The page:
Cheese Contest. And, at the World Cheese Awards, Wisconsin won more awards than any other U.S. state
The awards create a halo effect on cheese. As proof, Wisconsin
cheese was recently featured on CBS
This Morning. The new badge was released with a new video ad
There are also billboards with the words, “The State of Cheese.”
I feel proud when I see the badge on cheese at the grocery store
or on a billboard driving down the highway. Knowing that the milk from my farm
is made into delicious, award-winning Wisconsin cheese makes me proud to be a
Wisconsin dairy farmer.
Posted inDairy News|Comments Off on When People Think Cheese, They Think Wisconsin
Farmers are unique in a few ways. If another farmer visits the
farm and asks a question, farmers are sometimes too transparent. It’s our
culture. We have a friendly nature and are trusting. But, usually I’m willing
to share information because I know someone who knows someone. You feel like
you are talking with a friend.
I enjoy that aspect of meeting farmers. It’s something long
gone in most businesses. We are less than two percent of the population, and anything
we can do to help each other is great.
We had people from four or five countries visit during World
Dairy Expo. It’s a week we look forward to because there’s an internal aspect.
I like meeting new people and having that interchange of ideas.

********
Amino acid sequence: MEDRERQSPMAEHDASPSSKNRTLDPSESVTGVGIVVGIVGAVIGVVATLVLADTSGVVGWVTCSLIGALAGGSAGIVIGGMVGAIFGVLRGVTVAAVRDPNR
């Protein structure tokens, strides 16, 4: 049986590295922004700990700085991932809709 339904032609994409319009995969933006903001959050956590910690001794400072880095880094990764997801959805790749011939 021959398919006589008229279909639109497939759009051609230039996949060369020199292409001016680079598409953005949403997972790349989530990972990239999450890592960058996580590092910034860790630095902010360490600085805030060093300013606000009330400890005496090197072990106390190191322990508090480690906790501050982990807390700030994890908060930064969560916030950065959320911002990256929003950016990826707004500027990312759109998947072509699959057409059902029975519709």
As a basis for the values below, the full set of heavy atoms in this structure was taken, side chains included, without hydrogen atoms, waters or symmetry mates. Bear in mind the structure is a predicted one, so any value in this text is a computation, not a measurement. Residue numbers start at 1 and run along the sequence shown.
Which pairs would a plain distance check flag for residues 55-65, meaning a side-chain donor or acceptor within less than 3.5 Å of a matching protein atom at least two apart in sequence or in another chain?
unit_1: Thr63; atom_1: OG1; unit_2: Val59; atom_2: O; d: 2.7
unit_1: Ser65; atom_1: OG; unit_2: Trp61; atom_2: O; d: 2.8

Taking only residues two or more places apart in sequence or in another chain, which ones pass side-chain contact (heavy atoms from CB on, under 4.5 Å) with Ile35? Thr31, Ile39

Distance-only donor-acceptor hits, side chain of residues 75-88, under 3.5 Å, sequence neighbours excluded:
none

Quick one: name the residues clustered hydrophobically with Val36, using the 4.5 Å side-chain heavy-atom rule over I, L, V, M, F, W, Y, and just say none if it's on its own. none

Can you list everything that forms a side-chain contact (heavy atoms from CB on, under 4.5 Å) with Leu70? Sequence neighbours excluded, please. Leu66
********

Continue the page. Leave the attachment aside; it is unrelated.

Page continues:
We share ideas and solutions. What I’ve learned is that the
sum is bigger than the parts. If our farm wins, we all win.
The result of this helpful culture is that when a farmer has
a tragedy, all of the neighborhood farmers stop everything to move cattle. You
don’t ask questions, you just take care of it. There are a lot of neighbors
around. We had a fire recently in our neighborhood, and when the police saw us
drive in with our trailer, without questions they said, “You get the calves
Farmers help farmers. Farmers bond with farmers. I can go to California and meet someone who knows somebody I know. It’s a small world in farming, and I’m happy to be a part of it.
Posted inDairy News|Comments Off on Sharing our trade secrets
In 2011, four families that had been dairy farming in the area for generations came together to form Majestic Crossing Dairy. This partnership has allowed us to support all four families, expand our sustainability efforts, and invest back in our community.
We are proud to know that every glass of milk we produce on our farm contributes both jobs and income for local community members, including our milk truck drivers, veterinarian, animal nutritionist, and area bankers.